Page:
Constant improvements in email marketing practices are raising the quality bar across inboxes. A few years ago, people were excited to get an email... any email. Now, your email is constantly being compared with the rest of the inbox, and facing ever-tougher criteria to qualify for reader attention.

Equally, email technologies constantly open new opportunities to get more out of your lists. For example, are you integrating customer and marketing databases to optimize contact frequency across all channels? Do you segment your readership? Are you customizing emails based on a recipient's past clickthrough behavior?

4. Check your assumptions regularly

The dynamic email marketing environment also means that things which held true yesterday don't necessarily hold true today. Studies show, for example, that the supposed "best day to send marketing email" changes.

Numerous factors outside your control affect reader response to your missives. Keep a constant test regime going to monitor changes in preferences and winning response triggers through time.

More important, look critically at generalized conclusions that are published (including in articles like this!). Each company has unique audiences, offers and objectives. So the insights from one company's campaign or a survey's "average" result might not apply to your situation.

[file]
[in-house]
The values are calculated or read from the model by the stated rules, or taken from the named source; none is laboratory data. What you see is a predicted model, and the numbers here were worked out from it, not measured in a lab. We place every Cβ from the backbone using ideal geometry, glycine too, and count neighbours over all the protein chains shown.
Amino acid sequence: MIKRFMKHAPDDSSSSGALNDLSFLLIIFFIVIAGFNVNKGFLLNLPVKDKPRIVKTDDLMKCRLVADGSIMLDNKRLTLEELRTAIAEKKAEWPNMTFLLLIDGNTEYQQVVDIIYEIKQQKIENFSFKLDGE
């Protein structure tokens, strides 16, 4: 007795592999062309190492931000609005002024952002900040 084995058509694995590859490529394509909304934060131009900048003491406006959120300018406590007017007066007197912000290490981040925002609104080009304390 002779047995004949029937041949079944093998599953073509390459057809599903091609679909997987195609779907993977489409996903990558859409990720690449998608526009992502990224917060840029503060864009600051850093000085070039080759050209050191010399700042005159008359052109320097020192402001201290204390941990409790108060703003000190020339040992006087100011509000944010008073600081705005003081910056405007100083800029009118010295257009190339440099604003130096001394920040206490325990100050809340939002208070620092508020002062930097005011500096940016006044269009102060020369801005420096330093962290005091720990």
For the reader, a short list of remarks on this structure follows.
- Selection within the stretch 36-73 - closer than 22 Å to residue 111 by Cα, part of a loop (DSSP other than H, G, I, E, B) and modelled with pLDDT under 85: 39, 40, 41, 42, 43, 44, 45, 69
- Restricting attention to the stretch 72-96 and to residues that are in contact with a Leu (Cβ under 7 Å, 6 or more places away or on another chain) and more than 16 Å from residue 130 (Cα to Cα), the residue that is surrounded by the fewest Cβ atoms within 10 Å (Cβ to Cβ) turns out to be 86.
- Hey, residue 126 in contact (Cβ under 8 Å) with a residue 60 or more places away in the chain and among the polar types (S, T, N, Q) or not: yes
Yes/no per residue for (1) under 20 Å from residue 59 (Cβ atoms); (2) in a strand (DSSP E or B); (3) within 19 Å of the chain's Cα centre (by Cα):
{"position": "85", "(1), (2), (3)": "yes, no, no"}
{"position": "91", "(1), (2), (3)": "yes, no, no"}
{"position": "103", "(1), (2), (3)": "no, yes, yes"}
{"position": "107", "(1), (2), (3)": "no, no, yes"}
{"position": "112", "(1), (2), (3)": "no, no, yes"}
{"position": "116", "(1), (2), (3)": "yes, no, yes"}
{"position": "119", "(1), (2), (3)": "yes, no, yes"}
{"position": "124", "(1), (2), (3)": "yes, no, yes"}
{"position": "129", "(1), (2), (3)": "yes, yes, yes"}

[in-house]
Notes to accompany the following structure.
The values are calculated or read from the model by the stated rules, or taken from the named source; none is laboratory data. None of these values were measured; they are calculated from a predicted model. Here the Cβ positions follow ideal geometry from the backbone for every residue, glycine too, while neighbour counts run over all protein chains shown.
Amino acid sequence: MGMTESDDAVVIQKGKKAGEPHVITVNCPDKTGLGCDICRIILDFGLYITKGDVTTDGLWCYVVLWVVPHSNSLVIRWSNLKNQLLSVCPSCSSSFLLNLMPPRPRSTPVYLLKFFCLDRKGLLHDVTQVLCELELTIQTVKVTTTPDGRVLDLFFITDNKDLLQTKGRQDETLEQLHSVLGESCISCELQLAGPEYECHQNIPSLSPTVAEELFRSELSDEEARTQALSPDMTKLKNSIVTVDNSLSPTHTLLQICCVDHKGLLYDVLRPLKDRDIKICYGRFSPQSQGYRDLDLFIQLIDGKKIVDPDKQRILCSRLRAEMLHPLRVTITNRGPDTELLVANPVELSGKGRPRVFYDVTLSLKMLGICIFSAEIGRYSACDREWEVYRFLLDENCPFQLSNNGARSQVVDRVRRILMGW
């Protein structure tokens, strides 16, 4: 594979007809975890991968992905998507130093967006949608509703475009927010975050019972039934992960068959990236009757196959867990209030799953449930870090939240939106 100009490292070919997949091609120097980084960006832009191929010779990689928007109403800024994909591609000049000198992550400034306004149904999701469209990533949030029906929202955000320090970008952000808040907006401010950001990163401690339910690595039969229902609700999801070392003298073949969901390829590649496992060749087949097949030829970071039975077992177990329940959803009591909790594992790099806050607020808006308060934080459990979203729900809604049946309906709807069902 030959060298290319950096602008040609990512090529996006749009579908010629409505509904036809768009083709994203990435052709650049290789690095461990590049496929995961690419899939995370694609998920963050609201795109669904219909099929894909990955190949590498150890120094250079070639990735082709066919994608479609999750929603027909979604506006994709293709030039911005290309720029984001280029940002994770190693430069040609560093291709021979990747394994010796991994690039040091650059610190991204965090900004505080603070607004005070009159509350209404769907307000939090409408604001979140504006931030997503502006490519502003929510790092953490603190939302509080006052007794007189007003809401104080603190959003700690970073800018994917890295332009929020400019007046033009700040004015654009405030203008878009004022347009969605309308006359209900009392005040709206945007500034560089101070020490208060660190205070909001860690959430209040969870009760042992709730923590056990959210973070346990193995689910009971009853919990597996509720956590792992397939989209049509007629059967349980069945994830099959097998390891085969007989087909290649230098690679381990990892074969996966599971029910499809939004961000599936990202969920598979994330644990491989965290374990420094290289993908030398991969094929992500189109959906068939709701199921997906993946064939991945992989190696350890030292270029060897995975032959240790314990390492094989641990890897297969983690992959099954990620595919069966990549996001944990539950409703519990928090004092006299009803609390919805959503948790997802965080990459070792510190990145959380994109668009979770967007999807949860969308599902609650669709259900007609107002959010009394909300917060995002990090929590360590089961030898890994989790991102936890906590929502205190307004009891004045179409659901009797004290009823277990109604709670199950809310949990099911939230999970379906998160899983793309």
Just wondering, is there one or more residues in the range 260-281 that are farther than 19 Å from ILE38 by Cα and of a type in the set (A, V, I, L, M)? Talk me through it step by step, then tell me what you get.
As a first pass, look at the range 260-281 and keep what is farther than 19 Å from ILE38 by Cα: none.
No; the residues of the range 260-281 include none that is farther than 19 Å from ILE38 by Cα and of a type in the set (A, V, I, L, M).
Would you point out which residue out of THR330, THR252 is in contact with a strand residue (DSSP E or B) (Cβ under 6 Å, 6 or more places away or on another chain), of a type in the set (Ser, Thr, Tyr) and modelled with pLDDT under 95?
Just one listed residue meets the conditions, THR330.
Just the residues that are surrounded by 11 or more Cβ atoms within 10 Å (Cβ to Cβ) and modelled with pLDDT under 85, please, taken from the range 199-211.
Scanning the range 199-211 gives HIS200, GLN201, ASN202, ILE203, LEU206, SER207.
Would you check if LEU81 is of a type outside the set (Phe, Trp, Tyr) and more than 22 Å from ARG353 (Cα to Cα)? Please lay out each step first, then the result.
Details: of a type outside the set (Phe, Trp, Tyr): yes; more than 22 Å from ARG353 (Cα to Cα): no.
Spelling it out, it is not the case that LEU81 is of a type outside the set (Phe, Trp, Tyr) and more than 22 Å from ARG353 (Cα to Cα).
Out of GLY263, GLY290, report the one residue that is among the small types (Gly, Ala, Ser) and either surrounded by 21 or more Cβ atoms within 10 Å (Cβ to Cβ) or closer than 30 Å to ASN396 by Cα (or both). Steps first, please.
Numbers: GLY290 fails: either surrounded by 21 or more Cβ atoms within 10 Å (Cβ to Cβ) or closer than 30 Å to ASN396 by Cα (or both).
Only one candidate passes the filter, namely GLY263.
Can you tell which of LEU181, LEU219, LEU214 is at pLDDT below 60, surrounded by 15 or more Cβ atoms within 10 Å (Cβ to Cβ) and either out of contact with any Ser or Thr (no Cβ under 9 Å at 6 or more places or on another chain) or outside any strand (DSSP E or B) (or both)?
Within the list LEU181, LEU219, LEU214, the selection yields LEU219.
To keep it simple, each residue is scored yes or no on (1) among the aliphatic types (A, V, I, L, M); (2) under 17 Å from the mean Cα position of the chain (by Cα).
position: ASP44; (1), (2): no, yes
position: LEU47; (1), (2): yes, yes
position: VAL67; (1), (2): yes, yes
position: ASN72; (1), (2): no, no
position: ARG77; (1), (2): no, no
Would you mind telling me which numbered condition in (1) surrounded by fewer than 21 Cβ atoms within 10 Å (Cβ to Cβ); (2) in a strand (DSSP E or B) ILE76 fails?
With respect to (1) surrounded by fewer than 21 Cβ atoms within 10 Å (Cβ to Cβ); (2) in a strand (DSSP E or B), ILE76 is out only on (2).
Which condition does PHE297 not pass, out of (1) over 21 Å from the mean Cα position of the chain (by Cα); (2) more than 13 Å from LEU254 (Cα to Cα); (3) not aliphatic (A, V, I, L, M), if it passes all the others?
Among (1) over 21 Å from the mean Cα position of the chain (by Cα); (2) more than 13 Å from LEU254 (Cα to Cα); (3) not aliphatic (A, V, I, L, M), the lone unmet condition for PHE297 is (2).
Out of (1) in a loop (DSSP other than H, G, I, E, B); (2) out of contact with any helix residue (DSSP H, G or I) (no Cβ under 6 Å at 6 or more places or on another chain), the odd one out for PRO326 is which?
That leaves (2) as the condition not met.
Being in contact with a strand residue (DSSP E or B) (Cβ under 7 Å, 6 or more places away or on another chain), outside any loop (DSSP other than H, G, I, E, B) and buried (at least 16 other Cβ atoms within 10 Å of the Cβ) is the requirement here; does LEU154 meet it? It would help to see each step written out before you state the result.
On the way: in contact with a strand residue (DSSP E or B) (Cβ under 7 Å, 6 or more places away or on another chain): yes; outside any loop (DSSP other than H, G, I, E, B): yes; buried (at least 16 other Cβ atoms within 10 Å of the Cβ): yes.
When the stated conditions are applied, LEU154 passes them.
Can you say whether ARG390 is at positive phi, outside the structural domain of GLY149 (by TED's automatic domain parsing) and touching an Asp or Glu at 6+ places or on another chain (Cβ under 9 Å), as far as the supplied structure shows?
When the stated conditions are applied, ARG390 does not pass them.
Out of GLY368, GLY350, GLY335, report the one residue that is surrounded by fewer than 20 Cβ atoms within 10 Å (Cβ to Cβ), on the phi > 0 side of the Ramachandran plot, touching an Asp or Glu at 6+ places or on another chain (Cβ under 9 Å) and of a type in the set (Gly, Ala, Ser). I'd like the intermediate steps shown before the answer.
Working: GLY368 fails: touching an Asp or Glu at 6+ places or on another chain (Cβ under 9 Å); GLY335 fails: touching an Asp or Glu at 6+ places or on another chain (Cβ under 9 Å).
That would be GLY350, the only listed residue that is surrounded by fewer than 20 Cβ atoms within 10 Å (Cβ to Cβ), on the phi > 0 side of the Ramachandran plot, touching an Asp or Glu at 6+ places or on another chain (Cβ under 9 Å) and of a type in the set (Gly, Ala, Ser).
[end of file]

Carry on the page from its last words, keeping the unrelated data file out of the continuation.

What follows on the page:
It's the T word again: test!

5. Don't buy a wreath for the email marketing funeral

As part of the traditional economic development process, it's incumbent on supporters of new technologies to cast doubts on the viability of the older ones. I suspect that back in the 1870s one of Alexander Graham Bell's assistants pronounced "the letter is dead."

Some proponents of RSS technologies, for example, like to describe email marketing in the past tense. But don't believe a word of it.

What is happening is that email marketing is getting more sophisticated and challenging. There is no more low-hanging fruit.

Don't get down about the medium because of a few PR sound bites from those touting alternatives. Base your strategic and budgeting decisions on hard data, campaign experiences and objective trend analysis.

Having said that...

6. Consider other delivery technologies for your email content

Just because email marketing is alive and well doesn't mean you should stop investigating new forms of content delivery. Integration has become the watchword in e-commerce, with the realization that the more channels you offer the shopper, the more they'll spend and the more shoppers you'll get. That's a lesson email marketers can learn.

Are you integrating your email efforts with other marketing vehicles? And might you tap into new or improved markets by offering alternative ways to get the content previously reserved for email?

Top of the list here is RSS feeds. Some customers or prospects are likely to prefer RSS to email. So consider giving them the choice. It's not an "either or" scenario. You should be concerned with overall marketing success, and not protecting email as a marketing medium.

Sign up for free to read the full article. Enter your email address to keep reading ...


Mark Brownlow, Ph.D., is a writer, traveler, and footbal (soccer) fan (www.lostopinions.com).